The problem of "the color line," W.E.B. Du Bois's ever-present polemical theme, is at the core of this novel of sensual love, radical politics, and the quest for racial justice. Originally published by Harcourt Brace and Co. in 1928, Dark Princess was one of two novels written by Du Bois. Toward the end of his life he ranked it as his favorite of all his works.
For the fantastical storyline, heavy with propagandist overtones, Du Bois depicts 1920s America as a racist nation primed for radical protest and terrorism. Matthew Townes, the protagonist, is a medical student expelled because his race bars him from the required course in obstetrics in a white hospital. Self-exiled in Berlin after his political idealism is corrupted, Townes falls in love with Princess Kautilya, daughter of a maharajah, and joins the international team she heads in which people of color unite against white imperialism. Du Bois recounts their quest for liberation in a whites-only world that overwhelms their passionate love and separates them. Du Bois concludes the novel with the birth of their sonproclaimed as the Maharajah of Bwodpur and "Messenger and Messiah to all the Darker Worlds."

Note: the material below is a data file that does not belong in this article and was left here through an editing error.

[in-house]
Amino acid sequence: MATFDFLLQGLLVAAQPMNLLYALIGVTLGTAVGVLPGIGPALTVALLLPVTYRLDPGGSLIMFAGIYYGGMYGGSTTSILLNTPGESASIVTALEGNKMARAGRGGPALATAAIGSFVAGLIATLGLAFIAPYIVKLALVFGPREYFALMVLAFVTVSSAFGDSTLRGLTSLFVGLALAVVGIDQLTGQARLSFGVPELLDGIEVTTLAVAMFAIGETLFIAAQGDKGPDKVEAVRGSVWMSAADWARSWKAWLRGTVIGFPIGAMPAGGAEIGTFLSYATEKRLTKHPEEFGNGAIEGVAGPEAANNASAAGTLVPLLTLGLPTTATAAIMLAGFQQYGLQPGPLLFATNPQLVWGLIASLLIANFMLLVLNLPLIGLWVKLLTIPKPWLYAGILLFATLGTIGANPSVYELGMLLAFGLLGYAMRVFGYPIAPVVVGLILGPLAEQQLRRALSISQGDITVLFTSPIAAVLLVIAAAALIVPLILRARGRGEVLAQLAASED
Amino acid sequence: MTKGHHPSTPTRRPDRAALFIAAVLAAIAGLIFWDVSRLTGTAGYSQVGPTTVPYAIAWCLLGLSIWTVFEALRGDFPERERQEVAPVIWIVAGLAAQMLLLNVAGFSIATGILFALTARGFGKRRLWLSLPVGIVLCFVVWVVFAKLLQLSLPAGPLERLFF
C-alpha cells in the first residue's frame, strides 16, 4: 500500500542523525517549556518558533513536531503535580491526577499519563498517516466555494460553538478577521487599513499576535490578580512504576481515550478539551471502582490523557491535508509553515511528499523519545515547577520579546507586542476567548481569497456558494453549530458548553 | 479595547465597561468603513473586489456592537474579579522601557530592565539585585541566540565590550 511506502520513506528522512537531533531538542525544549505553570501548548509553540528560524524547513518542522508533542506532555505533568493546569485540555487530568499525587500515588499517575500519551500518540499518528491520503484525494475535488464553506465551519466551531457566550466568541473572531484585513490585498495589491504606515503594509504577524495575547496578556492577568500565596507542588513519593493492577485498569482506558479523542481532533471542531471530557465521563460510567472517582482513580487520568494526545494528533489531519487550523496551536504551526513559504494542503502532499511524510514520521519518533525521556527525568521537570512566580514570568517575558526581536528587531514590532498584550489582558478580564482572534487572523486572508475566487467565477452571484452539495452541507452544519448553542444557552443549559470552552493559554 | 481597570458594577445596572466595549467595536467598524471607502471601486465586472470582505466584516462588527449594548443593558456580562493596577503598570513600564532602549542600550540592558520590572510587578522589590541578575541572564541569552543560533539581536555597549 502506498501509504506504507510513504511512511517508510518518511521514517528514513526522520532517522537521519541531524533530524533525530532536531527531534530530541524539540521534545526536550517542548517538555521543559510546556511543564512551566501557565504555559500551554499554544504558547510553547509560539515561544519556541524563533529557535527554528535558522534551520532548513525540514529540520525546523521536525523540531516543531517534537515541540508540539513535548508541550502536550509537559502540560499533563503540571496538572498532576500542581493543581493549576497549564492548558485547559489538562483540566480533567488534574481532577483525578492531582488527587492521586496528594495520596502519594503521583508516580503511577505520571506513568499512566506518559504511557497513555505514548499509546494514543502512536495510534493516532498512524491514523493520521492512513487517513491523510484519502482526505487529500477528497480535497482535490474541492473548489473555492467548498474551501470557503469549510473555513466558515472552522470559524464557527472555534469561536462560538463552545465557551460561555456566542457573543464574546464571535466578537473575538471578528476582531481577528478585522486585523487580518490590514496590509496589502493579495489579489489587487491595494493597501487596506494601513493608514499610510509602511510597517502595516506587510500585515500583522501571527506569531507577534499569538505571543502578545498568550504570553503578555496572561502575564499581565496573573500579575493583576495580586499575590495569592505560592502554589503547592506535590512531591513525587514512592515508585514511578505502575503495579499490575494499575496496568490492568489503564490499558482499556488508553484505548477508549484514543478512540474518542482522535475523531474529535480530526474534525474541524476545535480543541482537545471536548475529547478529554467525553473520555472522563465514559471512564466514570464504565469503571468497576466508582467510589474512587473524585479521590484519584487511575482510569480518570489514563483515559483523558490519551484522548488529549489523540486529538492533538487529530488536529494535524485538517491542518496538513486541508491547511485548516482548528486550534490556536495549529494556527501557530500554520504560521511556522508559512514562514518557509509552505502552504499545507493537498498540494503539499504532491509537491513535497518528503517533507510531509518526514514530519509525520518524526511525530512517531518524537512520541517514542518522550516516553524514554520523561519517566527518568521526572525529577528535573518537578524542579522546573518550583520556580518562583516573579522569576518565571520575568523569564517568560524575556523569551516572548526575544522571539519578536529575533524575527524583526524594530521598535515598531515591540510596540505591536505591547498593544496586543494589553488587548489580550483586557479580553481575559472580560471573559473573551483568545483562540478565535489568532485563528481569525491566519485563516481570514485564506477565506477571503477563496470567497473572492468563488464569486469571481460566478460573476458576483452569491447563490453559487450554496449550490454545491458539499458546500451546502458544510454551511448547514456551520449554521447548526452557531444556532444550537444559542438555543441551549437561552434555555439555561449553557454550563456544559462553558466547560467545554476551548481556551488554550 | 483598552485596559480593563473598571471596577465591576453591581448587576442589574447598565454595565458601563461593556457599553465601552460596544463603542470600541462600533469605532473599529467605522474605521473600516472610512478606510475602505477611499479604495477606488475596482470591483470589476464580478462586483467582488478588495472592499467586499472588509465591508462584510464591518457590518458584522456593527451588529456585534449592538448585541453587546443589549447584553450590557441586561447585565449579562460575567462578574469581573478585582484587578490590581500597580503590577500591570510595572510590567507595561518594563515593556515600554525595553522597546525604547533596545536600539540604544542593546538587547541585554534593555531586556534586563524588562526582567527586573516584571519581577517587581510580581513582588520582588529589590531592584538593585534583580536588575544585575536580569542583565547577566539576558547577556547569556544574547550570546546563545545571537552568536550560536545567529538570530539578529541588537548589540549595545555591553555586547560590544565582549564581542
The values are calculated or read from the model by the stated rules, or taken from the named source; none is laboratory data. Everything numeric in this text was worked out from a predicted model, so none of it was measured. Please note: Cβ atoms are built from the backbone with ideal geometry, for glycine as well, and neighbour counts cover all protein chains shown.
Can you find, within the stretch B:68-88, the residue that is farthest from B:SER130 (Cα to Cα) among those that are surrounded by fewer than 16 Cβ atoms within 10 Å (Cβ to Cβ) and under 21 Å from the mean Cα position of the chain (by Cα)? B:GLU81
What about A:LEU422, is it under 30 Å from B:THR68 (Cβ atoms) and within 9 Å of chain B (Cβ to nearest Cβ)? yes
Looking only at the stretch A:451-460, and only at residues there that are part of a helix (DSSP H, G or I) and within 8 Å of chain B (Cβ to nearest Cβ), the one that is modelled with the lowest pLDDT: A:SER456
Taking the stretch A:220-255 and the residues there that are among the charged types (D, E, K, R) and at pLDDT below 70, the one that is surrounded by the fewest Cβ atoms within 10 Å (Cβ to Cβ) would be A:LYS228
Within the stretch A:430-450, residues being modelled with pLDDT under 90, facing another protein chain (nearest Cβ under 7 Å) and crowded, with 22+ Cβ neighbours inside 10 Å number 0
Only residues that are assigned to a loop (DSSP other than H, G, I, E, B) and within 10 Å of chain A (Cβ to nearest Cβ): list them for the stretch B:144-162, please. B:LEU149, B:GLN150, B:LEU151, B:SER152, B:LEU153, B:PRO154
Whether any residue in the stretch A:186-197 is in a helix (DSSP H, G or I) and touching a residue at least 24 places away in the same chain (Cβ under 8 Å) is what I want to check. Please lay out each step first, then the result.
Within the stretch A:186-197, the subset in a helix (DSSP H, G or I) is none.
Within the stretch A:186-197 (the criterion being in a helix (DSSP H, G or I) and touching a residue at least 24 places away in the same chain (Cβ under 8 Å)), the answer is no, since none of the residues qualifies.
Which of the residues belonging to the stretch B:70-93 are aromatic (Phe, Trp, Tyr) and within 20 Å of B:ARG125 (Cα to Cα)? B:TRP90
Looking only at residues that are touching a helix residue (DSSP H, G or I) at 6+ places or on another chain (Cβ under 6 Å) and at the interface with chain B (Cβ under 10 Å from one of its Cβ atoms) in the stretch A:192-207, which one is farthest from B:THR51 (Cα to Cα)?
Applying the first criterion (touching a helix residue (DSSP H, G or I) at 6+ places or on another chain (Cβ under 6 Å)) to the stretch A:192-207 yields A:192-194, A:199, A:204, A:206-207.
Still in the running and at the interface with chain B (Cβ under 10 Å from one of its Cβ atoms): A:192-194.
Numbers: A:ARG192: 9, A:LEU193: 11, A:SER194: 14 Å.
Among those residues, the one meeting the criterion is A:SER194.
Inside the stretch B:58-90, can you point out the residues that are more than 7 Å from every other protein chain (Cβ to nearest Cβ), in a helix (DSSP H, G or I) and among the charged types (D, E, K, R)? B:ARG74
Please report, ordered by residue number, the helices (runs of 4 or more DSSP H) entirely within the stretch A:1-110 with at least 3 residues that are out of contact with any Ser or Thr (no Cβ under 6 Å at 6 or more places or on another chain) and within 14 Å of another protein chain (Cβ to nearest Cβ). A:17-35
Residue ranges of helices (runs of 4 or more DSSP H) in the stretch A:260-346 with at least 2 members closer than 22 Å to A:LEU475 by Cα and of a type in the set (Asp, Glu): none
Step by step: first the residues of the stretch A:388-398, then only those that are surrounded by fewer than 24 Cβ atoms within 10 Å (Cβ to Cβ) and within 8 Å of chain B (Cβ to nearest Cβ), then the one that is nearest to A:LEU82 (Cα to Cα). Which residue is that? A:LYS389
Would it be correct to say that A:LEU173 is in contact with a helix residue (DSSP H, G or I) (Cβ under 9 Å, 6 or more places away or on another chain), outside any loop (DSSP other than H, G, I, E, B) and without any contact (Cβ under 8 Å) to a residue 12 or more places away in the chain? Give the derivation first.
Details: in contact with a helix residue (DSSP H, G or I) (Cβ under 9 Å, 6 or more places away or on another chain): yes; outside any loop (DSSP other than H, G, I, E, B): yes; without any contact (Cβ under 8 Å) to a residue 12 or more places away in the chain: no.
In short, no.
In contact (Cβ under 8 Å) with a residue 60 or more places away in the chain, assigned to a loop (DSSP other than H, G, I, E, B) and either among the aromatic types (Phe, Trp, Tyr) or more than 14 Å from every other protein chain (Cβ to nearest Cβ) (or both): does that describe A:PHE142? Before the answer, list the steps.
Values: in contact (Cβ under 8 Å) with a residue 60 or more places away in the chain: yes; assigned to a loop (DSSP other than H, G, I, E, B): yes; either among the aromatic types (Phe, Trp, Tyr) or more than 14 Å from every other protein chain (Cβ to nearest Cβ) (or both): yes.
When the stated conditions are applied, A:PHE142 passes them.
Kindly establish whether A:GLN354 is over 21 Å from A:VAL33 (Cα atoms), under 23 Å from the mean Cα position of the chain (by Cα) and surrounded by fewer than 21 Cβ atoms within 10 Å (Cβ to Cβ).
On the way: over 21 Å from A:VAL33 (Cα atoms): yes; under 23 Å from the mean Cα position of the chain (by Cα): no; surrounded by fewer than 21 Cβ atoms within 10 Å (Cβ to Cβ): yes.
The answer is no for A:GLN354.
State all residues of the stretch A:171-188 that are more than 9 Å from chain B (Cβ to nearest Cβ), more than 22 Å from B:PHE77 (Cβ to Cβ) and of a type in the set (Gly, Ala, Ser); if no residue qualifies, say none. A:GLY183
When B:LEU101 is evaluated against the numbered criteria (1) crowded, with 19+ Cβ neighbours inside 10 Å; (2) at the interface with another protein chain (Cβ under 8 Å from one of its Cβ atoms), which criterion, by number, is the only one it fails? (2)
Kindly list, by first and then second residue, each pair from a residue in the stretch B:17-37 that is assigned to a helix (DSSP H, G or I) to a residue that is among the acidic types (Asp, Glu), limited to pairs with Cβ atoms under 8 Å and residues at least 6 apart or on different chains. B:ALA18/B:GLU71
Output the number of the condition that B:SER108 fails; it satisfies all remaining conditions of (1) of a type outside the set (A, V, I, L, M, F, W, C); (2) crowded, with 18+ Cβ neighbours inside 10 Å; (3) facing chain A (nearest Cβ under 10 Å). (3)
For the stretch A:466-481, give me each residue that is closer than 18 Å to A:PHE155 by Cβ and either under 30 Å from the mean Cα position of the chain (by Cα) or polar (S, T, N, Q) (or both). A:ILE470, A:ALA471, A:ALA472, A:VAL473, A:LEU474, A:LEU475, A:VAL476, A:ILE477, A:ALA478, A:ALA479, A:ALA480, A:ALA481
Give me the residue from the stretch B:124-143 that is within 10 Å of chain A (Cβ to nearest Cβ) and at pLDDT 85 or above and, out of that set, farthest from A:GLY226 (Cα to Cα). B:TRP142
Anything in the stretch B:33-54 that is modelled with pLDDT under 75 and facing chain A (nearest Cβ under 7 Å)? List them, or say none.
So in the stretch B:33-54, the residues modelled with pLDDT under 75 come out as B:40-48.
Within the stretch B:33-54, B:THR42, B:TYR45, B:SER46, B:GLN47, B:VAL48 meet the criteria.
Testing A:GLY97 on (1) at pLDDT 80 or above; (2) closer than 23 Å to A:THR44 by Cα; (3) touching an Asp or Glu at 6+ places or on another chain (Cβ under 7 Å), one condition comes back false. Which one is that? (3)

The reviewer for the New York Herald Tribune found "amidst much pure romance and preciosity of style there are rich deposits of straight sociology [as well as] interesting and revealing reading [for] the white reader who has yet few ways of looking into the many closed chambers of Negro life or of seeing into the dilemmas of the intellectual Negro mind and heart."
About the Author
W.E.B. DuBois (1868-1963) was an African-American sociologist, civil rights activist, and author. He was one of the founding members of the NAACP, and he is well-known for believing on full civil rights and disagreeing with Booker T. Washington’s argument that blacks remain subservient. His most famous book, The Souls of Black Folk, defines the term "double-consciousness" and remains a cornerstone of African-American literature.